Obama set to unveil ‘too big to fail’ plans

The Obama administration plans to unveil on Monday a new plan for dealing with troubled financial giants, said a senior U.S. lawmaker, who also mentioned potentially big changes for the insurance industry.

Barney Frank, chairman of the House Financial Services Committee and a chief architect of the financial regulation overhaul, declined on Friday to give details on the administration’s new bill, which would give the government the power to dismantle large financial companies that get into crises.

The new draft bill is expected to take a tougher stance toward troubled financial firms than the administration’s original plan, and may take out some language that would allow for temporary bailouts.

Giving the government “resolution authority” would serve as a rebuttal to the concept that some firms are too big to fail. Federal Reserve Chairman Ben Bernanke on Friday highlighted the need for this authority as well as other measures to reduce the likelihood that one firm could destabilize the financial system.

Frank also said Congress is discussing whether to create an optional federal charter for insurers.

Insurance companies are currently regulated by the states.

“If we do get into national chartering it will be in life insurance … and maybe large commercial entities,” Frank said during remarks to a banking symposium.

He said lawmakers would not likely try to federally regulate property and casualty insurers, however.

Frank’s committee has cranked its efforts to overhaul financial regulation into high gear in recent days.

On Thursday it voted to approve legislation that would create a federal financial consumer watchdog. It has also passed new rules to police over-the-counter derivatives like the credit default swaps that helped fuel the financial crisis, and the full House has approved efforts to curb abusive pay practices.

While Frank’s committee has made significant headway, the reform effort faces an uncertain future in the Senate and may be pushed into next year.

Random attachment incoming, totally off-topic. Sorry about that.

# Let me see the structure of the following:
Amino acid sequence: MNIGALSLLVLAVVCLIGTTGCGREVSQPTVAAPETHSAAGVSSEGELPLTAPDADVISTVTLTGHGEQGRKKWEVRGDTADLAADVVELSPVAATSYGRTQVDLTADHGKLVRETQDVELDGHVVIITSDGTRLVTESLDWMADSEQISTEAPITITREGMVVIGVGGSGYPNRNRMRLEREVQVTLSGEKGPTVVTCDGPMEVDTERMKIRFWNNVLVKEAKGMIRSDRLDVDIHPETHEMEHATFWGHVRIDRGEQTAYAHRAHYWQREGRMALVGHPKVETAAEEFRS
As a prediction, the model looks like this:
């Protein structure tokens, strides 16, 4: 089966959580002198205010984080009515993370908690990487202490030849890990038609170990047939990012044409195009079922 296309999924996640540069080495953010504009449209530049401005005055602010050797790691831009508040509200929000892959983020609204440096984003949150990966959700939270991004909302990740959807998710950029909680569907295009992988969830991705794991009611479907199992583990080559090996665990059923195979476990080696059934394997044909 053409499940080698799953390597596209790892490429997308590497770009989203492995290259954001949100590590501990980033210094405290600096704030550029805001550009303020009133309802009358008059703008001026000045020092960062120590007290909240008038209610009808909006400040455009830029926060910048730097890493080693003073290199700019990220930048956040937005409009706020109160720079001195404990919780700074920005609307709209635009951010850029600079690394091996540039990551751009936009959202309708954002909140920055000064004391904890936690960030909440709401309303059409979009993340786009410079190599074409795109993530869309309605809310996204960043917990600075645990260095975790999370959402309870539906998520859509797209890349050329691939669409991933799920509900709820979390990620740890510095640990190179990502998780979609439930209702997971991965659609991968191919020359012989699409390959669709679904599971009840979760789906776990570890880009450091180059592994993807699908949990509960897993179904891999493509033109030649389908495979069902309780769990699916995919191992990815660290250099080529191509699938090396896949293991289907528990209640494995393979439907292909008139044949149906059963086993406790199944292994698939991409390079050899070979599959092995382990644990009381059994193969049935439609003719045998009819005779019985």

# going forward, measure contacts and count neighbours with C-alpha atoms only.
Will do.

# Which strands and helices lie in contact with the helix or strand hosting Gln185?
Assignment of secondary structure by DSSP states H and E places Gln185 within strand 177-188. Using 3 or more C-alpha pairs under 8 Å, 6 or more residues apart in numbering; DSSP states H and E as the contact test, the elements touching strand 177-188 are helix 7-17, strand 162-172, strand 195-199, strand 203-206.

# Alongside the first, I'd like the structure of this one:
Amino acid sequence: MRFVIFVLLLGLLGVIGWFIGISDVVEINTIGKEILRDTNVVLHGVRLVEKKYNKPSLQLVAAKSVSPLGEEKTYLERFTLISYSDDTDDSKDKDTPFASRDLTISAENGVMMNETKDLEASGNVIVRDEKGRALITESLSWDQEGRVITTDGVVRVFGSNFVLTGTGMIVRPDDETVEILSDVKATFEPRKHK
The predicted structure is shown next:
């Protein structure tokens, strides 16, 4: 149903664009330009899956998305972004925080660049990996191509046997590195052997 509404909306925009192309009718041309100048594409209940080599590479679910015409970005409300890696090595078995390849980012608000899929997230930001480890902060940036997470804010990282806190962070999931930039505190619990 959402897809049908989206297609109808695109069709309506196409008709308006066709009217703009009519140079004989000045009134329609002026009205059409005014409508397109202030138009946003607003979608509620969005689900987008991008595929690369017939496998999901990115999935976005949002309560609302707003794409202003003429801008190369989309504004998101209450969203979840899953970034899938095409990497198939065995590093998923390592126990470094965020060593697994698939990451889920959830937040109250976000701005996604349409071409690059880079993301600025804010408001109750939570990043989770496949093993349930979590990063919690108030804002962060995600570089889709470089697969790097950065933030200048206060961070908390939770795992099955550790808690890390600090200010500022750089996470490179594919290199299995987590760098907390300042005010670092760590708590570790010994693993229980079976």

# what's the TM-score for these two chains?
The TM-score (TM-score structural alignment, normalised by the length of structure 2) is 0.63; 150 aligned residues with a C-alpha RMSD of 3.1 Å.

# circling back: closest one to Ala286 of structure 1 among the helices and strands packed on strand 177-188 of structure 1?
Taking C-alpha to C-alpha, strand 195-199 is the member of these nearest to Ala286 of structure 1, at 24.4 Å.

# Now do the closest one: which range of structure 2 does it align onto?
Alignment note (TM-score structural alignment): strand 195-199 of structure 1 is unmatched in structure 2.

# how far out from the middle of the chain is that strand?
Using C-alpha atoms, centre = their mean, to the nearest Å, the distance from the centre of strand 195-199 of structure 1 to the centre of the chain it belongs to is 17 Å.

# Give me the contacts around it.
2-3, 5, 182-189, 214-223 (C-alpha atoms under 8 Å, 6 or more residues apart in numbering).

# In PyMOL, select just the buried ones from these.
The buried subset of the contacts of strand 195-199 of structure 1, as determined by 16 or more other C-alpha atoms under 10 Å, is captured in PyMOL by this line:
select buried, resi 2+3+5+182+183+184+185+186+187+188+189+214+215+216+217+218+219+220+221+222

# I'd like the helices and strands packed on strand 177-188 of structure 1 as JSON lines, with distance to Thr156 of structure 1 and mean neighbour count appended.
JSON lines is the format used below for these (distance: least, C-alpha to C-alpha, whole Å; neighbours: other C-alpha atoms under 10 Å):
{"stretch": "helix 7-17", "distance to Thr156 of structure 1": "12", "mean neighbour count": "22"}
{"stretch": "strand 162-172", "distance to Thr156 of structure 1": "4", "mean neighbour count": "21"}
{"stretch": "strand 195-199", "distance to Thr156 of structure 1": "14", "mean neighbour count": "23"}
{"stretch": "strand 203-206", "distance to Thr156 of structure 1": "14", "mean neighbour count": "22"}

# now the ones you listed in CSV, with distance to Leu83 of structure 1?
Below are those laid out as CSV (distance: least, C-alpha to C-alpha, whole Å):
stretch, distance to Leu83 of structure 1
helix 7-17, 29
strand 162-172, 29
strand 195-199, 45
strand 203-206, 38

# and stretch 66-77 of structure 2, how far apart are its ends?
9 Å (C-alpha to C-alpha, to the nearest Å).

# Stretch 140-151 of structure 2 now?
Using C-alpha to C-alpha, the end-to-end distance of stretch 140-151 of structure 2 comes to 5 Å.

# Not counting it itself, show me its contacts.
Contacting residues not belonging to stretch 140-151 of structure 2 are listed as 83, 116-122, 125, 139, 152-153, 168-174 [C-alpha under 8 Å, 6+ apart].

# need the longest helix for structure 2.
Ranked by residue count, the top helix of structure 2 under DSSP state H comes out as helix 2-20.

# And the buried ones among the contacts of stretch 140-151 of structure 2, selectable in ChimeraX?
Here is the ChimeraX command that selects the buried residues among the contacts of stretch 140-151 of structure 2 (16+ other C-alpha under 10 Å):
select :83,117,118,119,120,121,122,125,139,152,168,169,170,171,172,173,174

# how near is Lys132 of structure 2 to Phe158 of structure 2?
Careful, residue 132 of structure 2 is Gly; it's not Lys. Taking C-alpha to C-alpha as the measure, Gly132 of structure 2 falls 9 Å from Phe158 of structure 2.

One idea that does seem to be gaining steam in the Senate is the move to consolidate all federal banking supervision into one super agency. Currently, four regulators share responsibility.

Christopher Dodd, chairman of the Senate Banking Committee, is a leading advocate of the consolidation, and has said he will push it forward despite regulators’ reservations.

Frank, however, does not think it will pass.

“There is no remote chance of it happening,” he said.

He said lawmakers will likely merge the Office of Thrift Supervision and the Office of the Comptroller of the Currency, but allow the Federal Reserve and the Federal Deposit Insurance Corp to keep their supervisory roles.

Frank also commented on the rulings of pay czar Kenneth Feinberg, who on Thursday slashed compensation for many of the top earners at seven firms that have received billions of dollars in taxpayer funds.

“I think he did a good job,” he said.

On the same day that Feinberg released his rulings for the seven firms, the Federal Reserve revealed its own pay guidelines to encompass a larger chunk of financial firms.

The Fed’s bank pay guidelines, while not specific, are designed to curb forms of compensation that entice employees to take large risks.

Frank said the Fed’s guidelines should have a large impact and said Congress is working to finalize legislation that would clarify that the Fed does have the authority to closely police pay.